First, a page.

For people with dementia, beware of the Baker Act

In 1971, Florida State Representative Maxine Baker, a dedicated mental health advocate from Miami, proposed legislation intended to protect the basic rights and treatment of individuals who were mentally ill. Her efforts resulted in a comprehensive body of law, so called The Baker Act in her honor.

The Baker Act provides that judges, law enforcement officers, physicians, and mental health officials can initiate a process to involuntary institutionalize individuals who 1) appear to be mentally ill, or 2) are likely to cause harm to themselves, harm to others, or are self-neglectful. Once “Baker Acted,” these individuals are taken for evaluation for a minimum of 72 hours at a state-authorized psychiatric center. Alzheimer’s and dementia, which many regard as disability rather than mental illnesses, fits criteria #2 of the Baker Act.

We do not have space here to describe the entire medical and legal processes provided under the Baker Act, but suffice to say that some of its provisions (transport, introduction to an alien environment, forced separation from family, possible placement in a population of people who are seriously mentally ill) can be extremely traumatic for an individual with Alzheimer’s or dementia. The internet is replete with testimony from caregivers about how their loved ones with dementia were harassed, traumatized, and left worse-off by the process.

Due to significant demographic changes over the last 40 years, one can argue that the Baker Act in now being forced to address a problem – dementia — for which it was not primarily intended. The numbers tell the story. In 1995, The St. Petersburg Times reported that in Pinellas County two-thirds of those involuntarily committed under the Baker Act were over the age of 65.

We cannot assume they all had dementia, but undoubtedly many did, and we can be assured that this demographic segment will only grow – numerically and proportionately – in the future. We do know that today, 20 percent of those involuntarily committed under the Baker Act in Citrus County have Alzheimer’s or dementia.

While we have concerns about the Baker Act even when properly applied to individuals with dementia, there is further evidence that in the elder care industry it has been willfully abused. The Florida Supreme Court Commission on Fairness reported in 1997, “Some facilities purposefully use the Baker Act to ‘dump’ residents who are disruptive or require mental health treatment.” I can tell you from my experience; it is not an uncommon practice.

Thanks to modern dementia care philosophy and methodology (e.g. Teepa Snow’s Positive Approach to Care), we now know that much disruptive behavior among dementia sufferers is actually provoked, but insufficiently trained caregivers simply don’t understand what they are doing to trigger such behavior. Most of these moments when a person with dementia is disruptive or even violent can be de-escalated, precluding any need for a reaction as desperate or traumatic as Baker Acting.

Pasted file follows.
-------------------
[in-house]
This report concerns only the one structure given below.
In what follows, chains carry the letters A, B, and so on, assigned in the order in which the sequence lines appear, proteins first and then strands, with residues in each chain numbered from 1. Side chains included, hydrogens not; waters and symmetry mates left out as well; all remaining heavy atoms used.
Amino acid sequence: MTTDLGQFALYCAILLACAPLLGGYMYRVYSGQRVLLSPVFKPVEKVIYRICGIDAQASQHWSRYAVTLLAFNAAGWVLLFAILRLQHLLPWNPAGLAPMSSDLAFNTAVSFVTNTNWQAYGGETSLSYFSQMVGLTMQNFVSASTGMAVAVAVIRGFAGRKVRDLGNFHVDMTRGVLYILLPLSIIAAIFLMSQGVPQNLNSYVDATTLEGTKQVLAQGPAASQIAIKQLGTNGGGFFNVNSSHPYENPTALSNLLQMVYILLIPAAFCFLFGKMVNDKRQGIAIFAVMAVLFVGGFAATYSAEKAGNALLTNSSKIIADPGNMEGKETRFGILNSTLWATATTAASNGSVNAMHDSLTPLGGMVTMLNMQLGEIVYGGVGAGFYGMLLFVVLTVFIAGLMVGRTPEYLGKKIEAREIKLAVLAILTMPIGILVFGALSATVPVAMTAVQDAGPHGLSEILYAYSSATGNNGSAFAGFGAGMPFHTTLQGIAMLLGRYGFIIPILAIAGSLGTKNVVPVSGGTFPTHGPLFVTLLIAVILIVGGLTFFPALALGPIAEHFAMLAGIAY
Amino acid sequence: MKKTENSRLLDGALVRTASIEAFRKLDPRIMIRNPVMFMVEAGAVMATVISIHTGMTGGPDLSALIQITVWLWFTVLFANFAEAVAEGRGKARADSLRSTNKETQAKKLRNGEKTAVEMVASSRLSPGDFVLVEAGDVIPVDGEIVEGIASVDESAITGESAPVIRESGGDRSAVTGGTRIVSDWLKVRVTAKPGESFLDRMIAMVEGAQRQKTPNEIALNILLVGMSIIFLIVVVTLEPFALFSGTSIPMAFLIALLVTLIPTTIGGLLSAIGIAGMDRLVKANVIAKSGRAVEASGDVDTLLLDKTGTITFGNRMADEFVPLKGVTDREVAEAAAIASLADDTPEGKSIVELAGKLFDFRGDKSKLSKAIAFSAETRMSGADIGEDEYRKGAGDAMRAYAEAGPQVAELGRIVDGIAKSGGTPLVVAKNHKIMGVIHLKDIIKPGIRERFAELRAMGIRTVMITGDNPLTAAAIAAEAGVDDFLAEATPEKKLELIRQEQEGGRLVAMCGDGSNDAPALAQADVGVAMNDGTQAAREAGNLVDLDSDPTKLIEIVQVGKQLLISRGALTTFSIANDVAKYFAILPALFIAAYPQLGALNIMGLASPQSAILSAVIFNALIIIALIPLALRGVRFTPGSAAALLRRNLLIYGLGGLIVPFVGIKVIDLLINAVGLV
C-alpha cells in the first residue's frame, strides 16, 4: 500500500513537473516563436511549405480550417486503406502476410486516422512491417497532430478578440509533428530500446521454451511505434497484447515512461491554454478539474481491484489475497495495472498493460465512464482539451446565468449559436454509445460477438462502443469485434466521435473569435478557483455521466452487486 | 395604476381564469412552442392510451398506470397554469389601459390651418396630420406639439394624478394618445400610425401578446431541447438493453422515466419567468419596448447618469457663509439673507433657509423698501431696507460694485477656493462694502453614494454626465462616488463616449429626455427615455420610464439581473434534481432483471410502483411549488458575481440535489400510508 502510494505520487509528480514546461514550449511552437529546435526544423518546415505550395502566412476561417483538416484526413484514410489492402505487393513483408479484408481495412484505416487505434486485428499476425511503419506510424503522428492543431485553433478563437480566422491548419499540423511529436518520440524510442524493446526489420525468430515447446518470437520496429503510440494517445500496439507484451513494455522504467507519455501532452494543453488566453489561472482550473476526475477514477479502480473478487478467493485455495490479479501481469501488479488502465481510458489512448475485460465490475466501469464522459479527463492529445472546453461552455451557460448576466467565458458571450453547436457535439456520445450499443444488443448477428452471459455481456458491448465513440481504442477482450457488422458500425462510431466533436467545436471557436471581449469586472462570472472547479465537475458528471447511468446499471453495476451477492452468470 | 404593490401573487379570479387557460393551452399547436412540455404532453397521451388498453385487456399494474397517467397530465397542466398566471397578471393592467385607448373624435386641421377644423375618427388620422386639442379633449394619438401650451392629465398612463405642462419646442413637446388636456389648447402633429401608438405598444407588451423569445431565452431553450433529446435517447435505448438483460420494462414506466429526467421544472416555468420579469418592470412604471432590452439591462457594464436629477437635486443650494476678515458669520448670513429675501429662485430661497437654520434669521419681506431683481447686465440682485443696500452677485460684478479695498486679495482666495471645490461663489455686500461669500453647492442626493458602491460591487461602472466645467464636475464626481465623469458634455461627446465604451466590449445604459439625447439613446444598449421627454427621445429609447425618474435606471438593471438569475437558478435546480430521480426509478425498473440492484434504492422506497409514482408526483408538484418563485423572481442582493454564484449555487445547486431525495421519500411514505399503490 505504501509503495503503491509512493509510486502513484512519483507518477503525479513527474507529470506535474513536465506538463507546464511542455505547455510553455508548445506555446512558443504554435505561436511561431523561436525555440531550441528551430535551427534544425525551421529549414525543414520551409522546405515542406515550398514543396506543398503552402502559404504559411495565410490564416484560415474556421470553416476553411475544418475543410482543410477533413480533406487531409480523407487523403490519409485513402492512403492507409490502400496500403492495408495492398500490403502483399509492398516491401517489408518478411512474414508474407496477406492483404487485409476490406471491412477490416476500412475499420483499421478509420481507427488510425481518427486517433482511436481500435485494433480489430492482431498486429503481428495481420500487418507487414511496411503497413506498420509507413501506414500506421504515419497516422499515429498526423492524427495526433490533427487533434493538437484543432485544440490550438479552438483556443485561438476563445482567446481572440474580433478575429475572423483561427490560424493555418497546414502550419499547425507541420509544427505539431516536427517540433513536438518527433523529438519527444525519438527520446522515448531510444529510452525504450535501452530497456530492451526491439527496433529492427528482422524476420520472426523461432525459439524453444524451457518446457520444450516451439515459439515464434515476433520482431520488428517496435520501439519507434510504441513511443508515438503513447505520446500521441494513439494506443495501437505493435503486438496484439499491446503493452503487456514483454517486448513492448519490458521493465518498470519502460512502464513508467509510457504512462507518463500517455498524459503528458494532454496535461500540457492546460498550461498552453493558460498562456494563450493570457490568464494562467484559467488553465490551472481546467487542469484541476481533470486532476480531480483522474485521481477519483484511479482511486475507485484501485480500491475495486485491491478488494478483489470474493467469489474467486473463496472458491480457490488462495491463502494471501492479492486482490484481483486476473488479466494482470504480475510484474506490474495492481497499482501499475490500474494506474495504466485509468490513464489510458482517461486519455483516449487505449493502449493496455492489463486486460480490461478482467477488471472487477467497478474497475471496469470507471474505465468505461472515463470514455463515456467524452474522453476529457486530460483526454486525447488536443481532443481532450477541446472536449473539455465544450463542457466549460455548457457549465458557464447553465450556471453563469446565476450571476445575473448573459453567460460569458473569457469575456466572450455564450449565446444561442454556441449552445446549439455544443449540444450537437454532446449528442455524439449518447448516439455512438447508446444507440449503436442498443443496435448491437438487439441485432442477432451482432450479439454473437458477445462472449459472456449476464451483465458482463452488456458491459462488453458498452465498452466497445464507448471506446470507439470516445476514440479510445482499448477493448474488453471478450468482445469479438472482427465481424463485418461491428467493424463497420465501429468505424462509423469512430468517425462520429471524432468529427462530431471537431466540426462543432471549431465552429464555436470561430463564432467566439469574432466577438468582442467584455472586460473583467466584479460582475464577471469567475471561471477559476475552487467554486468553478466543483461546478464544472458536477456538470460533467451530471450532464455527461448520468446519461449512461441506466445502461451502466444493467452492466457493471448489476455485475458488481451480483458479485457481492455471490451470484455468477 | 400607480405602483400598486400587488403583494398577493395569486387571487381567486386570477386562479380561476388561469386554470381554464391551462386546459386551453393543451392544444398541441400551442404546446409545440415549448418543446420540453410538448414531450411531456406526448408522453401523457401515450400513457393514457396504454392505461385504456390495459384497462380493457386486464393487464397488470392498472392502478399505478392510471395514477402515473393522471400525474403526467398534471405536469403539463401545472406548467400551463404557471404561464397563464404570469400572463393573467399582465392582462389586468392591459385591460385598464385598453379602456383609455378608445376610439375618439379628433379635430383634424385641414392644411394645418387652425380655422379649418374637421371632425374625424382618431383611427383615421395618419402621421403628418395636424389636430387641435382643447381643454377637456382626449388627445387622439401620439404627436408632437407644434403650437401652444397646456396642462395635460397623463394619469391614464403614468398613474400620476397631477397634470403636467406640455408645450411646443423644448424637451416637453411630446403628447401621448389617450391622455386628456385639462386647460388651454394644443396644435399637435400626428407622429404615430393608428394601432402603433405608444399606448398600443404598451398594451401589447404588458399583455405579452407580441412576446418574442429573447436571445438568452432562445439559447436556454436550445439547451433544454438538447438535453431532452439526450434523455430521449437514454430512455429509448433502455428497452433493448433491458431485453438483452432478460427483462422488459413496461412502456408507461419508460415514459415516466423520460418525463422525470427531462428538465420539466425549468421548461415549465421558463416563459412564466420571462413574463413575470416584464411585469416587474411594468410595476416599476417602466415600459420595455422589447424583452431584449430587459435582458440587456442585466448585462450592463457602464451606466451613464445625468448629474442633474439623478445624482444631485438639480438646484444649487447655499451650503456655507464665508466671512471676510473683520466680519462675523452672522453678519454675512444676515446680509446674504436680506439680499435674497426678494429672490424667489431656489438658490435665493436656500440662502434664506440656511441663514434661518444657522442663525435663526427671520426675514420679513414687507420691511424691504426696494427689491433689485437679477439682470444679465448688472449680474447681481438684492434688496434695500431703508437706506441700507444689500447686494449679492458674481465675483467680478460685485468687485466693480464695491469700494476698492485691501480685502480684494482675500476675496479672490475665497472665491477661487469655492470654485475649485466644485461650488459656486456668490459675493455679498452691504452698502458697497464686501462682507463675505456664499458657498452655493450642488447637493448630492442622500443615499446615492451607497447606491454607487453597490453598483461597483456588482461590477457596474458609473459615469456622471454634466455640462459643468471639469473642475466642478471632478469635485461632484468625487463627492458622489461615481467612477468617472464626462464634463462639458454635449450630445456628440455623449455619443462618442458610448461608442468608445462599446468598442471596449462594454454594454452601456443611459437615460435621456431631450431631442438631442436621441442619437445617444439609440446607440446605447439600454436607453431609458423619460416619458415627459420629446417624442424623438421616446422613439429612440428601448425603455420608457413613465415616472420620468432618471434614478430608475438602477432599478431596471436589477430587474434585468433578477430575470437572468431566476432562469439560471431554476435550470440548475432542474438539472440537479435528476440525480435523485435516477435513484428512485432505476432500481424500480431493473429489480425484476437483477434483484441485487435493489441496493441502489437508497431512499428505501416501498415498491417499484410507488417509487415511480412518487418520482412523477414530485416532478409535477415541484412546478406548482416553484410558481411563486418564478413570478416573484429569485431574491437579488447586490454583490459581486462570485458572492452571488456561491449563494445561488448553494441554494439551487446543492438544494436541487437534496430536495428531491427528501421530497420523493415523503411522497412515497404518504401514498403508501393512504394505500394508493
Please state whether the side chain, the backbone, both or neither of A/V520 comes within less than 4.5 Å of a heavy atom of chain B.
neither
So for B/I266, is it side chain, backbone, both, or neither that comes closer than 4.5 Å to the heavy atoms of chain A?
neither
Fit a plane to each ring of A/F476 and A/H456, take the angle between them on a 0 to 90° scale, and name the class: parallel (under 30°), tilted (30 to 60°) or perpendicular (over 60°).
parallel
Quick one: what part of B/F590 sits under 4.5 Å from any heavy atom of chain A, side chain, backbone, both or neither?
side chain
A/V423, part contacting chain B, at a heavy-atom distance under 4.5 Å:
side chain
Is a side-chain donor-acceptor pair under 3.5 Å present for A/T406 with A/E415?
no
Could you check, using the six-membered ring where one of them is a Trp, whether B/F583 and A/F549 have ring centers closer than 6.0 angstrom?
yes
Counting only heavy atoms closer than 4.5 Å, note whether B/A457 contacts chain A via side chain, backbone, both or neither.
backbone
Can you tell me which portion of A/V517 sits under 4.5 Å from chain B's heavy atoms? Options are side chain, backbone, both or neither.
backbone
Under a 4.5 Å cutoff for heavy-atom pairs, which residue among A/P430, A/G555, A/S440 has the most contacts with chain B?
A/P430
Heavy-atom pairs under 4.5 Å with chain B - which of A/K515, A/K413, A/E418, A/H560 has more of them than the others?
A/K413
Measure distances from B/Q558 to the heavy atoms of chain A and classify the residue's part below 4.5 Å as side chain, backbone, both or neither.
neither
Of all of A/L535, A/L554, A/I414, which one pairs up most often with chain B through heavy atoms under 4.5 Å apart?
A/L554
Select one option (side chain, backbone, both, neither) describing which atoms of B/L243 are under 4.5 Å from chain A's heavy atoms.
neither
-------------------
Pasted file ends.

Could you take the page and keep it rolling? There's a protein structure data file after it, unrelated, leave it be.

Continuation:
We are not condemning the Baker Act, but suggesting that there is dire need for improvement when it is applied to individuals with Alzheimer’s and dementia. This is the same conclusion drawn by the Florida Supreme Court Commission on Fairness.

Many of these concerns don’t require a change in the law, but can be addressed by providing more training based on recently developed understandings of the disease. This training, based on a compassionate and positive approach to care, should be made available or even required for law enforcement officers who are often the front-line decision makers for when Baker Acting is appropriate. They need not be given full caregiver training, but they certainly should benefit from a deeper understanding of the triggers that can cause combative behavior, and how to use that knowledge to de-escalate rather than resort to the Baker Act.

For the care personnel at the psychiatric centers there should be full dementia caregiver training to avoid further trauma, physical harm, and human suffering among individuals with Alzheimer’s or dementia. And such individuals should never be placed in a general population of drug addicts, psychotics, and suicidal patients. Today they are. Just imagine a frightened and confused elder with dementia being thrown into such an environment. For them, it is bedlam, and how can that help, either with assessment or treatment?

The business case for higher training requirements and dementia-segregated communities is obvious. It does not take a lot of imagination to see how fewer transports, less time in Centers, reduced trauma, and avoidance of much of the extensive legal process required by the Baker Act will save a lot of money for the State and its tax payers.
The mental health industry has aggressively fought proposals for modest changes in the Baker Act based on their belief it will be too expensive. I think they are being short-sighted in defending a status quo that will become more and more unacceptable as the percentage of our population with dementia grows.

We need changes in the Baker Act that will 1) better address the specific needs of individuals with Alzheimer’s and dementia, 2) thereby reduce the frequency the law is applied within our elderly population, and 3) provide more specific and appropriate treatment once an individual with dementia is Baker Acted.

In the mean time, what can I say to caregivers in Florida and other states with laws similar to the Baker Act? Beware! Take the time to learn about the whole process and the physical and psychological damage it can cause your loved one with dementia.

For example, the law requires that your loved one will be placed under observation for a minimum of 72 hours, during which you may not see or visit them. But, often the “72 hours” will coincide with a weekend, and you may not be able to see or communicate with them for four or five days. Think about how they will feel and react to this period of isolation in an alien environment.